They have blinking lights and tend to chirp constantly. One of them can vacuum your living room carpet on a schedule. Another can play games with the kids using artificial intelligence.
Yet, for homeowners (and security professionals) there’s a question about whether home robots could become an attack vector for hackers. Tapping into a live webcam feed and recording it? Stealing Wi-Fi information from an unprotected signal so you can transmit illegal wares? What makes a home robot such an ingenious ploy is that few of us think a vacuum could possibly become anything remotely viable for criminal use. Yet, that’s exactly the danger.
“Homeowners never change the default passwords or use simple passwords which can be broken thus allowing hackers to leverage their way onto a home network and use the robot as a pivot point for further exfiltration of sensitive data or plant malware,” says Kevin Curran, a senior lecturer in computer science at the University of Ulster and IEEE member.
Curran says in a corporate setting a robot could be the weak link in the security infrastructure. Many run a proprietary “robot operating system” that is primed for attack, he says.
Robots seem innocuous and simple, but Curran says that’s a misconception. Usually, they are powered by Linux kernel that’s likely outdated, unpatched, and unprotected. And, once a hacker does gain access, it could be easy to start recording from a built-in webcam. The latest vacuum bots from Dyson and iRobot use a video camera as a primary way to scan a room.
“A risk associated with rolling out robots with webcams as opposed to say a webcam in an IT department is that users are not aware of the importance of changing default passwords and updating the system to apply the latest security fixes,” says Curran. “A misconfigured service in a consumer device can lead to horrific invasions of privacy.”
Carson Sweet, the cofounder and CTO of CloudPassage, a cloud server security company, says the webcam on bots (and the microphone) is the most serious threat because it’s conceivable that a hacker could take over and create a personal privacy nightmare.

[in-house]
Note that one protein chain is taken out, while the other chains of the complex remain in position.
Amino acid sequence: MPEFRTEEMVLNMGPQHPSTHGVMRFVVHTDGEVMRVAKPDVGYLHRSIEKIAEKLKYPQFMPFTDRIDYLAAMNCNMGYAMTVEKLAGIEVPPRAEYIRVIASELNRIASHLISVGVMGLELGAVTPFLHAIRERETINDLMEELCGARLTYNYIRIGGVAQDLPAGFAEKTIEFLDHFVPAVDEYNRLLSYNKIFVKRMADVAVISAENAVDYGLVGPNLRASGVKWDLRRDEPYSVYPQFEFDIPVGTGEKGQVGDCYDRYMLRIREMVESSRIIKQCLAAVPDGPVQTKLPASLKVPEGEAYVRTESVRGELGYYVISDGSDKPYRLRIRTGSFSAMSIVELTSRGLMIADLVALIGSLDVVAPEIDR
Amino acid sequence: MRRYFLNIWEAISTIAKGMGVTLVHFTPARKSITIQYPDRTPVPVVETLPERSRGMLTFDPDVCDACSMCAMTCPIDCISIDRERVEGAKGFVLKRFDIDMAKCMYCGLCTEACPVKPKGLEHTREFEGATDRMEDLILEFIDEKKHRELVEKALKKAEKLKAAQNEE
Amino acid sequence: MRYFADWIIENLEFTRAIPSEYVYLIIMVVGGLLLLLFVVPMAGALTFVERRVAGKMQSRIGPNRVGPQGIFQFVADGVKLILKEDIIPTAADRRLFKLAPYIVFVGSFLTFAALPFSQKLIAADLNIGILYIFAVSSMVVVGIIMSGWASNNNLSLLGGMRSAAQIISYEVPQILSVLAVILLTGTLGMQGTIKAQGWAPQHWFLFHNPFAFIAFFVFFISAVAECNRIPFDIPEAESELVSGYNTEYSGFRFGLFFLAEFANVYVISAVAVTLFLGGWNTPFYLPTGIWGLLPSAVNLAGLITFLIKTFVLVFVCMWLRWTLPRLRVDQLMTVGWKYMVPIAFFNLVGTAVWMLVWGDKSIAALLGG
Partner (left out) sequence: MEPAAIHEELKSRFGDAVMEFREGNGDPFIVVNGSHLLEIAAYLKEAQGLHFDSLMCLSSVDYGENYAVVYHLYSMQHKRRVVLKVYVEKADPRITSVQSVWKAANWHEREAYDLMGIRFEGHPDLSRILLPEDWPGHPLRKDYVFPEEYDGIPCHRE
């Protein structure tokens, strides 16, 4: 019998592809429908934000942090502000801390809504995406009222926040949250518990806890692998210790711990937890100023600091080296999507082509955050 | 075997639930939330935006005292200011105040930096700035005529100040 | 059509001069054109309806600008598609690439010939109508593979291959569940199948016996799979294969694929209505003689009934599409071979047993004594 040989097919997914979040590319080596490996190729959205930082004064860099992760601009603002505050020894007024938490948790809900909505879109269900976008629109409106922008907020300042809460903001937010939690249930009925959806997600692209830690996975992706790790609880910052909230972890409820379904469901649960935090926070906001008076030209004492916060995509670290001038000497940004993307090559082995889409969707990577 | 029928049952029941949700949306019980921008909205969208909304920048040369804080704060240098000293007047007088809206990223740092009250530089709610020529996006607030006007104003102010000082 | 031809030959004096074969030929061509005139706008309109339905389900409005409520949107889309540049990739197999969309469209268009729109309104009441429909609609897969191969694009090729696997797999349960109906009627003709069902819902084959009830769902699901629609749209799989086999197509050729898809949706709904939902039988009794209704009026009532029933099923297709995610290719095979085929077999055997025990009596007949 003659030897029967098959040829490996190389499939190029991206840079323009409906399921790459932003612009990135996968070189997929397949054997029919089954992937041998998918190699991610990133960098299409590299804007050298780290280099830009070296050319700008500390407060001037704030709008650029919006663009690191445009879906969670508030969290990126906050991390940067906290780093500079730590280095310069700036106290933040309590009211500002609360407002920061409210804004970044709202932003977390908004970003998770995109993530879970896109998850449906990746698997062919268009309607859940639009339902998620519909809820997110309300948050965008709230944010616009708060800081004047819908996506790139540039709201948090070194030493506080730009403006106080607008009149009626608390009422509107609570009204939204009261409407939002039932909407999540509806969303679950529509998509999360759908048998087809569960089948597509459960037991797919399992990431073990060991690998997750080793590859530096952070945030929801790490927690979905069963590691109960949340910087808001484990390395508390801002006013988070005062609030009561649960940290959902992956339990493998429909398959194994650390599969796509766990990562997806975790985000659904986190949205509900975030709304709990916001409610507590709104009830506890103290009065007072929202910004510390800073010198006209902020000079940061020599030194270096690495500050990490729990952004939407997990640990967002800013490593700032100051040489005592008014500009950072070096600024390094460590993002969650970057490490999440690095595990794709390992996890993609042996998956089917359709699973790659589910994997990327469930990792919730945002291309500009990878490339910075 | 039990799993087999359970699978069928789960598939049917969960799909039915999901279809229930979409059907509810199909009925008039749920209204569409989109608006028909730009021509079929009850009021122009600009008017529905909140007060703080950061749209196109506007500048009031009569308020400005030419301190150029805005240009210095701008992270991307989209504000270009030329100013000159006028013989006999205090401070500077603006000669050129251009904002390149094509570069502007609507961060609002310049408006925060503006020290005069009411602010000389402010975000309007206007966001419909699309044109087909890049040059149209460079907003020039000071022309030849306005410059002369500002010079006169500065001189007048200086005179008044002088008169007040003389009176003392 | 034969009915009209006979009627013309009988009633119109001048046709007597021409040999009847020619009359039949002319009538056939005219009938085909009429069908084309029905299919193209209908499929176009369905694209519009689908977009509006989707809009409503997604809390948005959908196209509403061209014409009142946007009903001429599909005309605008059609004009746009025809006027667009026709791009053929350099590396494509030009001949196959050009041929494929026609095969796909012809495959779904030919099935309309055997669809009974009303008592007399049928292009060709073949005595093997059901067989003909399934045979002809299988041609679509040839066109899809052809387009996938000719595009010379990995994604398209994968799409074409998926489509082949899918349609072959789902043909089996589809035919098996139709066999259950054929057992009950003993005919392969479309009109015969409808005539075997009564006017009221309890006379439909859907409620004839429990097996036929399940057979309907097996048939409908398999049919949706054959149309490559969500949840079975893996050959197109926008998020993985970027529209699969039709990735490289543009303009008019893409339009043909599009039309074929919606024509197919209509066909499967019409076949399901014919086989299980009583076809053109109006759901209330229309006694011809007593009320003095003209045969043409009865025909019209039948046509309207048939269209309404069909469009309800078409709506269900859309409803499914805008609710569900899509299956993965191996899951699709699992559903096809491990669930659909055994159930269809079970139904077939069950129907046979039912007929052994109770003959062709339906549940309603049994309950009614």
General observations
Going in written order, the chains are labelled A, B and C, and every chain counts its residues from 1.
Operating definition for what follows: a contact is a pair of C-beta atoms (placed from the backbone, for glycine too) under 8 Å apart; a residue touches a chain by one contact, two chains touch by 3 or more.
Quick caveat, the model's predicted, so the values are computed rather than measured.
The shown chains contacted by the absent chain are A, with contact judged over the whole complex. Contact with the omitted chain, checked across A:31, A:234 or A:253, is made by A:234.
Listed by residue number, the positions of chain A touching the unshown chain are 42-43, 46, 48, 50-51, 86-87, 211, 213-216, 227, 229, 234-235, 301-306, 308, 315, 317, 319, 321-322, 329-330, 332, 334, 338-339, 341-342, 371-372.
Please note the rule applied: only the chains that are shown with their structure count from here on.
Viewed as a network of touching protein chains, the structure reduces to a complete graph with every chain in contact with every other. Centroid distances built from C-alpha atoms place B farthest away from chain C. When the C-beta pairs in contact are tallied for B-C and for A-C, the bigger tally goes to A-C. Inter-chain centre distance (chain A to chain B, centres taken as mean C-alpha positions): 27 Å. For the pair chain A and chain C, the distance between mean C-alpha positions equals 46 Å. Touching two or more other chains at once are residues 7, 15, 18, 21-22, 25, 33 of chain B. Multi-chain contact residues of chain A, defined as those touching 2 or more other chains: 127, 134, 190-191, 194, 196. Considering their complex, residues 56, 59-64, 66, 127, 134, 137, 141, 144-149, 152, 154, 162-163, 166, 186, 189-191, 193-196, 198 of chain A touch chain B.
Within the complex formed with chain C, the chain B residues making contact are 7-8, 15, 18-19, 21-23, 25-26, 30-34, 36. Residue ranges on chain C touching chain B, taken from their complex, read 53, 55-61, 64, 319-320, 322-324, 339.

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A few of these potential security risks for home robots might seem a bit far-fetched, but Tom Byrnes, the CEO of malware protection company ThreatSTOP, says it’s too easy to assume a home robot (or a more “professional” bot used in a corporate setting) is impenetrable.
Byrnes says one scenario has to do with ransomware. If a hacker gains access to your network, records a video, or takes over the bot, he could demand a ransom to “release” control again. If the robot costs several thousand dollars, it’s a major issue. Hackers could also figure out a way to take over a home robot and cause damage to a home. This could be as simple as instructing a robot to crash repeatedly into a wall or play inappropriate videos on its display.
Like many Internet of Things gadgets in the home or office, another issue with robots is that they are often left to their own devices. Penetration testing is not always a top priority.
“Consumers should demand that manufacturers provide facilities to harden the devices, patch operating systems, patch software vulnerabilities, provide strongly authenticated management interfaces, and generate security event data,” says Sweet.
His argument is that as home robots become more common and valuable to the consumer, the attack vector gets bigger and it will become more likely that regulators will get involved. It’s better to secure them now with better authentication before the first widespread attack occurs.
“What makes the IoT problematic is that the devices are almost never patched, and are run by users who probably have little to no security savvy,” says Byrnes. “The manufacturers have a low-cost, high volume model, so keeping them up to date is not part of their business plan, unless it becomes a large PR issue in which case lots of people have already been compromised.”
For many consumer bot developers, there’s no reason to consider any security issues, and -- like the Internet of Things and connected home devices offered today -- companies rarely offer a bounty to ethical hackers who can find out if there are security holes.
“Robot manufacturers should also release security updates once vulnerabilities are found but the incentive is simply not there for them to do it much of the time. Pressure should always be placed on manufacturers to deploy fixes for known vulnerabilities,” says Curran.
Once the pressure is applied, hopefully the robots won’t squawk too much.
This story, "How secure are home robots?" was originally published by CSO.